Many residents of Madison and St. Clair counties awoke to the sound of tornado warning sirens Thursday and received warnings again in the evening.
The first alarm went off at about 5:15 a.m. when radar indicated a possible tornado that heavily damaged the University City area in Missouri headed toward Granite City, Collinsville, Lebanon and Troy.
The warning remained in effect until 6 a.m. But just as it expired, the National Weather Service issued a second warning for the Scott Air Force Base area headed toward Shiloh, New Baden and Breese.
About 8:30 p.m. Thursday, the National Weather Service again issued a tornado warning.
Early reports Thursday indicated that residents in southeast Belleville lost siding to high winds and that trees were damaged.
Carol Honer, who lives with her husband Jim at 505 S. Missouri Ave. in Belleville, said a big chunk of her roof was torn off the back of her house and ended up wrapped around a tree in the front yard.
"My husband was doing his normal morning routing, drinking coffee in the family room in the basement when the sirens went off and I ran down the steps," Carol Honer said. "The wind blew for a while and it never seemed to amount to anything. So we went about our business as usual. Then the neighbor called and asked if we knew half our roof was in the front yard."
Upon inspecting their house, the Honers noticed that their chimney was destroyed and some of the bricks fell down, tearing off the fireplace doors and coming to a rest in the middle of the living room.
"There were bricks coming into our living room and we didn't hear a thing," Carol Honer said. "We usually come and go through the back door, so if the neighbor hadn't called, we still might not have noticed."
A few blocks away Jim and Vandora Elfrink said the wind knocked over a tree in their yard on East McKinley Street which smashed their Toyota Prius and then cut a slice 10 feet deep through the roof of their house.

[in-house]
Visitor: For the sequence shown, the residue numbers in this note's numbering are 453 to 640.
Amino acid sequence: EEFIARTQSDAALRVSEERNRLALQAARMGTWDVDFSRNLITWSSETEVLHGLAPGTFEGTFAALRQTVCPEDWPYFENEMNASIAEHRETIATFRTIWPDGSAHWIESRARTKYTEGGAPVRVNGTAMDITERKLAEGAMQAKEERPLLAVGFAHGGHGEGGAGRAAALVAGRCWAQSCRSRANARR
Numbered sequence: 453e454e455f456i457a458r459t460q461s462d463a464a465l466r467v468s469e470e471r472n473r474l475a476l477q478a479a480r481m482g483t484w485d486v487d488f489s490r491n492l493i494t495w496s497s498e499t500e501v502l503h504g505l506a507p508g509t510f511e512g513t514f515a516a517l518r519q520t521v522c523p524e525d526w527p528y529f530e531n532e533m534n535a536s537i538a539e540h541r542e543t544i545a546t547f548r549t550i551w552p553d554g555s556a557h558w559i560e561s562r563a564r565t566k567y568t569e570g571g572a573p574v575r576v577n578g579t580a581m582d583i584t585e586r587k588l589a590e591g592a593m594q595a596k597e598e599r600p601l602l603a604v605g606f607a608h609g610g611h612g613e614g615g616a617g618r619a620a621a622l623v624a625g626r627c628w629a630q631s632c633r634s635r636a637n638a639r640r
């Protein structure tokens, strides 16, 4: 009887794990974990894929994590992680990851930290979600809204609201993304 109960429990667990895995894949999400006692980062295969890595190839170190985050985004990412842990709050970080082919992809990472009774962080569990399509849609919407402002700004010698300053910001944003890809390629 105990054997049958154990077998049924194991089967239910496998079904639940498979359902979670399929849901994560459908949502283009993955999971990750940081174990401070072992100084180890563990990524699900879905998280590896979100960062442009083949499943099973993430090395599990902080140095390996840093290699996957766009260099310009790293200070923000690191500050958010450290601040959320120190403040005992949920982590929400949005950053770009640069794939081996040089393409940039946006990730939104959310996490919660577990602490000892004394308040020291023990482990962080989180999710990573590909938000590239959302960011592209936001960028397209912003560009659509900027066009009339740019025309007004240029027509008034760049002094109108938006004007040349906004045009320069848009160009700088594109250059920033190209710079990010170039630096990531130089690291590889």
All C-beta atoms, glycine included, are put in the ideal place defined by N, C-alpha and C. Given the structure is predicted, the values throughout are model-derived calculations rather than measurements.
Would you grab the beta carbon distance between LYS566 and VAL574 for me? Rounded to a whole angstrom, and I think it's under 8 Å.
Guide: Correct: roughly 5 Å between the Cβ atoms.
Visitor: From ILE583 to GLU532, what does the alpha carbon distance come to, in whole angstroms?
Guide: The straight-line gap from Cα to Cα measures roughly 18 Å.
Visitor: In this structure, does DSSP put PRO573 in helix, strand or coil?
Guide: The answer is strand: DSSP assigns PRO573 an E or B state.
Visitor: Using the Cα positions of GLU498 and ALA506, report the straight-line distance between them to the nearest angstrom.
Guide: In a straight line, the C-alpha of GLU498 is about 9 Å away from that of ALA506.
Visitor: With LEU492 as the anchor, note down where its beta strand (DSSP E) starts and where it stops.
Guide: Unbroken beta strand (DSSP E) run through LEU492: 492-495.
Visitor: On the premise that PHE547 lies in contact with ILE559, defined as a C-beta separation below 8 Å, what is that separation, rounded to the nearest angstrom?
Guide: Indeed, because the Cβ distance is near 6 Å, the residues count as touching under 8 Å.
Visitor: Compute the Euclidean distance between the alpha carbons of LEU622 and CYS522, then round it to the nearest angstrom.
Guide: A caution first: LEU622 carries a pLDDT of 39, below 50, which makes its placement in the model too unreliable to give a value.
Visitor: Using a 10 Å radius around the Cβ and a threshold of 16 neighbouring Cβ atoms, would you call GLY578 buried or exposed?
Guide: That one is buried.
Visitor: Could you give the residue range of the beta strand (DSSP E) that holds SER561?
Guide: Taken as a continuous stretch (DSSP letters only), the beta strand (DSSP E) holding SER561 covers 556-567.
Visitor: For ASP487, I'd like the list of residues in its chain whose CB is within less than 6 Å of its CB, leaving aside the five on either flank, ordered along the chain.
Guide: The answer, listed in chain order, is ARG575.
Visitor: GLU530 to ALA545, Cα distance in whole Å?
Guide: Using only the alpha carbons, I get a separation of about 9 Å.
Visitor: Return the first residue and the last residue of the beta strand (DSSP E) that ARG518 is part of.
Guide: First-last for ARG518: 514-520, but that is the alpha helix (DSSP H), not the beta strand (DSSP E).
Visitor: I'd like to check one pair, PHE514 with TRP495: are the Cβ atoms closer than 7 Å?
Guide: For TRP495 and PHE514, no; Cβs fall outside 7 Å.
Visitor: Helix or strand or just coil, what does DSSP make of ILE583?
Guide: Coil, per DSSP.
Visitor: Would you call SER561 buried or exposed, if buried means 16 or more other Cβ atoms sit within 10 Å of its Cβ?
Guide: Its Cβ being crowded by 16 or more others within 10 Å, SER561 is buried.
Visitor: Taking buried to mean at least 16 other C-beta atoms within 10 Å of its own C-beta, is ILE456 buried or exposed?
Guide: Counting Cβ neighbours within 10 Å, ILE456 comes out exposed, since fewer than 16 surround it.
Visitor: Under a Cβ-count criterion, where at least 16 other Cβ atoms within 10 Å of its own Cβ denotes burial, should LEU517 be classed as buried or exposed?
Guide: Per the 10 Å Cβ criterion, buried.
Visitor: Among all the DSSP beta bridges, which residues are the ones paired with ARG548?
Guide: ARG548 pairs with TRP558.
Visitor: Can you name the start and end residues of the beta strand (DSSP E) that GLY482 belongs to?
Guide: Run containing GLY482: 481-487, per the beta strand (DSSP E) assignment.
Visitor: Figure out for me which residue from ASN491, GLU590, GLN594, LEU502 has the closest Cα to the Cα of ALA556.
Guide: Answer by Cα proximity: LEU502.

In O'Fallon police said some utility poles were knocked down. Scott Air Force Base sent out a notice that non-essential employees shouldn't report to work until noon because power outages. Scott Elementary School near the base was also closed because its electricity was out.
According to Ameren, at about 6:30 a.m. there were pockets of customers without power in the Belleville, Collinsville, Fairview Heights, Granite City, Madison, Pontoon Beach, Millstadt, O'Fallon and Shiloh areas. Spokesman Brian Bretsch said at least five of the company's poles were snapped in the O'Fallon area.
Power was restored during the morning hours with small groups of residents getting their electricity back at a time. Some got power back when lines were reconnected. Others got it back as Ameren workers devised new ways to route power to affected areas through undamaged lines.
"One of the first things we do is to assess the situation, then we make a call to our distribution control group and we see how many customers we can get power restored through switching to another circuit which is fed through another power substation," Bretsch said.
Illinois State Police spokesman Calvin Dye Jr. said there was at least one serious accident on area interstates due to the weather and that some highway signs on Interstate 255 and 270 were knocked down by high winds.
"People need to be aware of the conditions and take extra caution," Dye said. "Water on the roads, visibility and wind can all be dangerous when people drive in stormy weather."
In addition to the threat of tornadoes Thursday, nickel-sized hail, torrential rains and flash floods were forecast. Friday is expected to be mostly sunny, calm and much cooler with a high of 55 and an overnight low of 33. Over the weekend skies are expected to be sunny to partly sunny with highs in the mid to upper 50s.
Contact reporter Scott Wuerz at email@example.com or call 239-2626.